This project is supported by funding from the Australian Government Department of Agriculture, Water and the Environment as part of its Rural R&D for Profit programme.
The timing was just right – for at least three reasons – to launch the CSIRO’s project designed to make the techniques and technologies of precision viticulture more accessible and feasible for general use.
The first was the increasing availability of freeware Geographic Information Systems (GIS) packages with quite sophisticated functionality. (GIS is software used to map and analyse spatial data, like remotely sensed imagery or yield maps). The second was a greater awareness in the sector of the value of spatial data, and mapping in general. The third was the opportunity to access funding through the Australian Government’s Department of Agriculture, Water and the Environment's Rural R&D for Profit programme, which was set up to finance just such an innovative project as this.
It is being led by Dr Rob Bramley, a Senior Principal Research Scientist in CSIRO’s Integrated Agricultural Systems program in Adelaide, who with colleagues has been involved with detailed vineyard variability research for nearly 20 years.
Unfortunately, albeit not surprisingly, they have been using a large GIS package that is very good but also pretty expensive as a key platform for their research. It’s OK for a major research institution, but rather out of reach for all but the largest of wine businesses (and even then, Dr Bramley is only aware of one that does own it).
‘It dawned on us that the biggest impediment to the adoption of what we’d been doing as researchers is exactly that; some of the key data processing tools we use are expensive,’ he said. ‘Over the years we’ve developed lots of tools and shortcuts, but because they are embedded within the system we use they aren’t available to anyone else.’
That is about to change, thanks largely to the work of CSIRO spatial analyst David Gobbett and GIS software programmer Christina Ratcliff, who was recruited to be part of the 30-month project that began last July.
The brief for the first part of the project is to identify the best available freeware platform to support the spatial analyses and map displays that underpin precision viticulture (that bit has been completed, and the choice is QGIS) and then convert the CSIRO’s spatial analysis tools to a format that is implementable on that platform.
This is being done using a programming language called Python, and will lead to the creation of a Python Library that could sit on a server or in the Cloud. Download QGIS, and with a little bit of training you’ll be able to access the entire Library.
The second part of the project is focused specifically on the complex geostatistical analysis that underpins spatially distributed experimentation, again with the idea of simplifying the tools so they are available to non-expert users.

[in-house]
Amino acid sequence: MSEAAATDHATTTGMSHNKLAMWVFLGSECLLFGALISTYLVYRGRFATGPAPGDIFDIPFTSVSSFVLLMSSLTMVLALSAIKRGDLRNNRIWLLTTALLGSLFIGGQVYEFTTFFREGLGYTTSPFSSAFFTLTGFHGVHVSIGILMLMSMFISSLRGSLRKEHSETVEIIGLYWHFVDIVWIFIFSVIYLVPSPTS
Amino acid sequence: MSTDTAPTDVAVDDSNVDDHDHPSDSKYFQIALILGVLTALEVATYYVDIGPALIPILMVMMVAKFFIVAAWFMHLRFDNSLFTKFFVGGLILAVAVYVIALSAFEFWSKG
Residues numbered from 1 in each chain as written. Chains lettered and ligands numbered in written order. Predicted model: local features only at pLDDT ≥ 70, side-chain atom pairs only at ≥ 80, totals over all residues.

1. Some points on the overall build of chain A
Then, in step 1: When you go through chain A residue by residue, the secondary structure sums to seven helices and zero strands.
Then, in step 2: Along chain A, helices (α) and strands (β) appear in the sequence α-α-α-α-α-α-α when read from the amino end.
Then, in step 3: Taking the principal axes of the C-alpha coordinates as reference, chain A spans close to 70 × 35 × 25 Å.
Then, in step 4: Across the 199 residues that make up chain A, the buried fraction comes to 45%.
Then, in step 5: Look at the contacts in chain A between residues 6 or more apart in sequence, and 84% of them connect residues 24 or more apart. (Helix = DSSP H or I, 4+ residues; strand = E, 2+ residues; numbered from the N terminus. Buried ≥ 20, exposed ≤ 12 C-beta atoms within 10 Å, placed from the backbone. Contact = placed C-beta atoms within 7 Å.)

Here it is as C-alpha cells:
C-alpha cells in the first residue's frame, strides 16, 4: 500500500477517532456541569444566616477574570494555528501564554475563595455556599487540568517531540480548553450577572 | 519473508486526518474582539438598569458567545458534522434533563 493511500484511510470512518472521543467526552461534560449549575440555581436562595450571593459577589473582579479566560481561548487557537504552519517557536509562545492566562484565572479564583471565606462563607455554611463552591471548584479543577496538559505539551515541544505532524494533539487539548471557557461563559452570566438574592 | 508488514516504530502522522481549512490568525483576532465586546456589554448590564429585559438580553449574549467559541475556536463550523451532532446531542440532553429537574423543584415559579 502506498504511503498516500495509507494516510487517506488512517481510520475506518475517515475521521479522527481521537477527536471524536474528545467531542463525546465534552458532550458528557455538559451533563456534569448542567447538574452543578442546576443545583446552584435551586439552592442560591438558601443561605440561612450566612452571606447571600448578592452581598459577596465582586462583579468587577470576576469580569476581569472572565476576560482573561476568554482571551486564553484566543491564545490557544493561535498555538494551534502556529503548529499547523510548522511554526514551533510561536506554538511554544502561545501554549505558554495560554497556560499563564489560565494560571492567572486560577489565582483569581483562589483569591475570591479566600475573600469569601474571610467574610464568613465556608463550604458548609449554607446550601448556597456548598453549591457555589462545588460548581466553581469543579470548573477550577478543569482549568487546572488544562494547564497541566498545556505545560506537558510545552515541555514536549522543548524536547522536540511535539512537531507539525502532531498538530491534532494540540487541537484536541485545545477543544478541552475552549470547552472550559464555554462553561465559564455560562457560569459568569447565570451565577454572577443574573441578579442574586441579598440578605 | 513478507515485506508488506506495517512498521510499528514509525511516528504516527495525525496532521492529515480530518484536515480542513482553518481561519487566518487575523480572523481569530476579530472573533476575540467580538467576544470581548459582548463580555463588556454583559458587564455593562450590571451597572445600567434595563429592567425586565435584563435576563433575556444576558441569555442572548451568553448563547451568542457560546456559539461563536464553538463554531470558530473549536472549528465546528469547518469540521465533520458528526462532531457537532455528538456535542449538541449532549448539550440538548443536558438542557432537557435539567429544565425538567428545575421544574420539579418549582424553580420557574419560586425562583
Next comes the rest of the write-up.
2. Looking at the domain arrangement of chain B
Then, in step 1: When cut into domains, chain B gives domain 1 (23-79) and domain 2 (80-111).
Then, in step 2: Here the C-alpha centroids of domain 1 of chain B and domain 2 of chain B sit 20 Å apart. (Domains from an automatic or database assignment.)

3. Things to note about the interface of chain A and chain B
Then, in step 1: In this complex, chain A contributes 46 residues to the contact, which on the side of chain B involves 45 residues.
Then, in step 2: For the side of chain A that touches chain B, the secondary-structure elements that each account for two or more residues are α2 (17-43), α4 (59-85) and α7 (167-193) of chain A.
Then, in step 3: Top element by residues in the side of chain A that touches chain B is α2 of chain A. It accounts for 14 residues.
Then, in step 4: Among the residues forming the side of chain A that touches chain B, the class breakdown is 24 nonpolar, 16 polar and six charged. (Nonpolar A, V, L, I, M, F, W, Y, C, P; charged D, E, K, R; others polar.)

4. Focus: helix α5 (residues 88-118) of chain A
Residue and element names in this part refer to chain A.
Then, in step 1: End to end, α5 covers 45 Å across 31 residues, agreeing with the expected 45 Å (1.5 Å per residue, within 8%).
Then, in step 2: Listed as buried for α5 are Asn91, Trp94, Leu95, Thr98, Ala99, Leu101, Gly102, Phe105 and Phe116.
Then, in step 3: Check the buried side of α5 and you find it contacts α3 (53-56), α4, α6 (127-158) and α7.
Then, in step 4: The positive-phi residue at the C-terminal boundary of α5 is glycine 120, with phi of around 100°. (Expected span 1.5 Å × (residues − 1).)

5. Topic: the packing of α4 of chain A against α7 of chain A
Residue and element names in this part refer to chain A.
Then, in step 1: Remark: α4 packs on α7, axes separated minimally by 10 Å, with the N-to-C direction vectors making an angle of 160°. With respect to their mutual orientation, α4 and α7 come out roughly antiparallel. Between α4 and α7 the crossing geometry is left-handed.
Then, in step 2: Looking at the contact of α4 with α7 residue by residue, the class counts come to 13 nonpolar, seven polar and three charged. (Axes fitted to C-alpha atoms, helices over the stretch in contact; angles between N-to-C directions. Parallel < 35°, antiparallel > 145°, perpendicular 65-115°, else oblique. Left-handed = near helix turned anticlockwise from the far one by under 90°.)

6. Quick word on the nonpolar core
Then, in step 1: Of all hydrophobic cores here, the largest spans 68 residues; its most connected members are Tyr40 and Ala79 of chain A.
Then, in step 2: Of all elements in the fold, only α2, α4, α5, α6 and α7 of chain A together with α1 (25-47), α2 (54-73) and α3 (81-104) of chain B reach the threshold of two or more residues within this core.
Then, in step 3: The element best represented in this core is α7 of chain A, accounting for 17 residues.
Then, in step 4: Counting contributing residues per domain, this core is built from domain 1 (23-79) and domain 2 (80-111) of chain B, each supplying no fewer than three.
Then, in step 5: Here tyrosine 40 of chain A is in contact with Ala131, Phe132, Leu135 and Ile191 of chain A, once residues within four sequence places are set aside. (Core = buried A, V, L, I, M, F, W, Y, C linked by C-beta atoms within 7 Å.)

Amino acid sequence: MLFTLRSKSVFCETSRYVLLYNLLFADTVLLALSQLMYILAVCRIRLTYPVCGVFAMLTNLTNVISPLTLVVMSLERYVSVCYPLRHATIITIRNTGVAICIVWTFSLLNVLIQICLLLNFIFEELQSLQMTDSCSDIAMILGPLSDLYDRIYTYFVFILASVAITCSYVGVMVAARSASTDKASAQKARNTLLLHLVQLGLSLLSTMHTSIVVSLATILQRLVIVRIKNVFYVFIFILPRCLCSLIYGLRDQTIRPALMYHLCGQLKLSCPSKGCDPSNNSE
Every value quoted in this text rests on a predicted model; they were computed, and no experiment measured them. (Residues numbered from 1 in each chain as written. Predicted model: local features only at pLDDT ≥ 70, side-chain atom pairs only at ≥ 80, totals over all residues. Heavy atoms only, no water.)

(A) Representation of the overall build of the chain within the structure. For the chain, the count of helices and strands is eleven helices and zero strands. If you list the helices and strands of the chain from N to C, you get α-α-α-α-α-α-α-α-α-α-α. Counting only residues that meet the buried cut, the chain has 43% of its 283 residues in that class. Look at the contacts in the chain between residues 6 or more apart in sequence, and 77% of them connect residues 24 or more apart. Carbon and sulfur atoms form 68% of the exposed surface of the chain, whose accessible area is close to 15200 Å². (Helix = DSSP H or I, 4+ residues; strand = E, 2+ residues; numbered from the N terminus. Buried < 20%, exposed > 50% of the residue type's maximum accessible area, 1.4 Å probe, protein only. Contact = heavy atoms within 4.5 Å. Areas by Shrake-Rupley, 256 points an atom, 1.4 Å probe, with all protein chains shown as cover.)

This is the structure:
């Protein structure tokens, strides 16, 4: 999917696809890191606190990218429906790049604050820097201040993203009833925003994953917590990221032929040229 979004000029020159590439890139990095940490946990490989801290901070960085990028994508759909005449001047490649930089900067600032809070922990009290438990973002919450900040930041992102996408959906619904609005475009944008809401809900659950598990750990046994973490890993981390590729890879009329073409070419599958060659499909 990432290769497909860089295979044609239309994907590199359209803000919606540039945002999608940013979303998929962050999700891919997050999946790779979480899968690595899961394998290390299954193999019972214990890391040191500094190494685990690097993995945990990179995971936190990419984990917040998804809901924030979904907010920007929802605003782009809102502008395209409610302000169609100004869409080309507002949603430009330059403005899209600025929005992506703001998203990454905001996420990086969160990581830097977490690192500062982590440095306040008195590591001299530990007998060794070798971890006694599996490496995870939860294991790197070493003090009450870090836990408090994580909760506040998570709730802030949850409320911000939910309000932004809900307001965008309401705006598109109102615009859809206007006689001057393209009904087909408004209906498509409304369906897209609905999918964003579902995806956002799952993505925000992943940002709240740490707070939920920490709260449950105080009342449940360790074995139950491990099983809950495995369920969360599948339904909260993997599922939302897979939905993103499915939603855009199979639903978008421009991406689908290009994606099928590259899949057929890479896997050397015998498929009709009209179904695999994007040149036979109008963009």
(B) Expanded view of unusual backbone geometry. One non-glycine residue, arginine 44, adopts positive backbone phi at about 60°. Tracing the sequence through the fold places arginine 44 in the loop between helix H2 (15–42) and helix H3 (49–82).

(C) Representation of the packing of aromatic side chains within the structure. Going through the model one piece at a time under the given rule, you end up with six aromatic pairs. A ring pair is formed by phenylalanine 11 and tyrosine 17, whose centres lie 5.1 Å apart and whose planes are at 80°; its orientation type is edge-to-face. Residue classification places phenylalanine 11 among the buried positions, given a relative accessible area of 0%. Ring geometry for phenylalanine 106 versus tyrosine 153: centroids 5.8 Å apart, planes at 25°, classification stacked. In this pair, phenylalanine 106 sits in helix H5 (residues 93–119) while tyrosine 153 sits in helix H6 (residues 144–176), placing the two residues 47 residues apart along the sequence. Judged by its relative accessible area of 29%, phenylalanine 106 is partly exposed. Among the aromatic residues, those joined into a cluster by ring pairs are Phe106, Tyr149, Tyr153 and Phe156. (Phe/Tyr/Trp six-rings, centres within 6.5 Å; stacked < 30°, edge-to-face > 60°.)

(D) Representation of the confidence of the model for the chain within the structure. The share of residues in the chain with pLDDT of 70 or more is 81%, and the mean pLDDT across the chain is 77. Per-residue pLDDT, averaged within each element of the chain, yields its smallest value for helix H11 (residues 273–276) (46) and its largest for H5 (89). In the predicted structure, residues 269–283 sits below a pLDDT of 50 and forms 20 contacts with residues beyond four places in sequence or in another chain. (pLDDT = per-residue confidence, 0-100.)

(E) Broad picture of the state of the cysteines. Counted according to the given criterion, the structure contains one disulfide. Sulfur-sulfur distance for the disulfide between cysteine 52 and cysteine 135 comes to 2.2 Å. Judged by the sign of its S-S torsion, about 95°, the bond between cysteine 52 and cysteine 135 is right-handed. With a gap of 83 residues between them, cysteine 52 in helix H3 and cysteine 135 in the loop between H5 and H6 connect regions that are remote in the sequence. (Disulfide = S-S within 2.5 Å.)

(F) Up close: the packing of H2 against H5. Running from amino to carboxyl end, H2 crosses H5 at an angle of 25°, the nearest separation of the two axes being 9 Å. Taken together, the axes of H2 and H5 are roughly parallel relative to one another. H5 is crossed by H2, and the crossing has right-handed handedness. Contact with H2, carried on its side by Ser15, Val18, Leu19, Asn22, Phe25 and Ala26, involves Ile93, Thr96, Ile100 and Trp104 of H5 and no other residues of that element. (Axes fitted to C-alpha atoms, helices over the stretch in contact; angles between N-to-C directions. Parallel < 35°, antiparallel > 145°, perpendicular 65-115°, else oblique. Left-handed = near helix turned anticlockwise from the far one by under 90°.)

‘Over the years, we’ve been interested in a new way of conducting experiments whereby instead of doing things in little plots, you use a whole management unit as the experimental unit and then use some methods of spatial analysis to analyse the results,’ Dr Bramley said.
‘The reason that that’s an attractive way of doing experiments is that whereas the traditional approach basically sought to find out whether treatment A is better than treatment B, this approach uses the variability in the vineyard as an experimental tool; so, you end up with a situation where treatment A and B might both deliver benefit, albeit in different parts of the vineyard.’
‘The other attractive element of this approach is that it enables experiments to be laid out at a scale that is meaningful to vineyard managers, very often using their own equipment, something that adds greatly to the believability of the results obtained.’
While the work is supported by Wine Australia and has a vineyard focus, the results will be applicable to almost any cropping industry. Dr Bramley also hopes it will encourage the establishment of specialist consultants able to offer cost-effective services to wineries that prefer to outsource.
He says no-one should fear working with GIS, suggesting it’s really no different to Excel – you don’t have to understand how it works to use it. However, there is going to be a learning curve.
‘No-one would suggest that just because of this project suddenly, bang, everyone’s going to be able to do what we do, but at least we’re making it very much easier and financially more feasible to do so than it used to be.’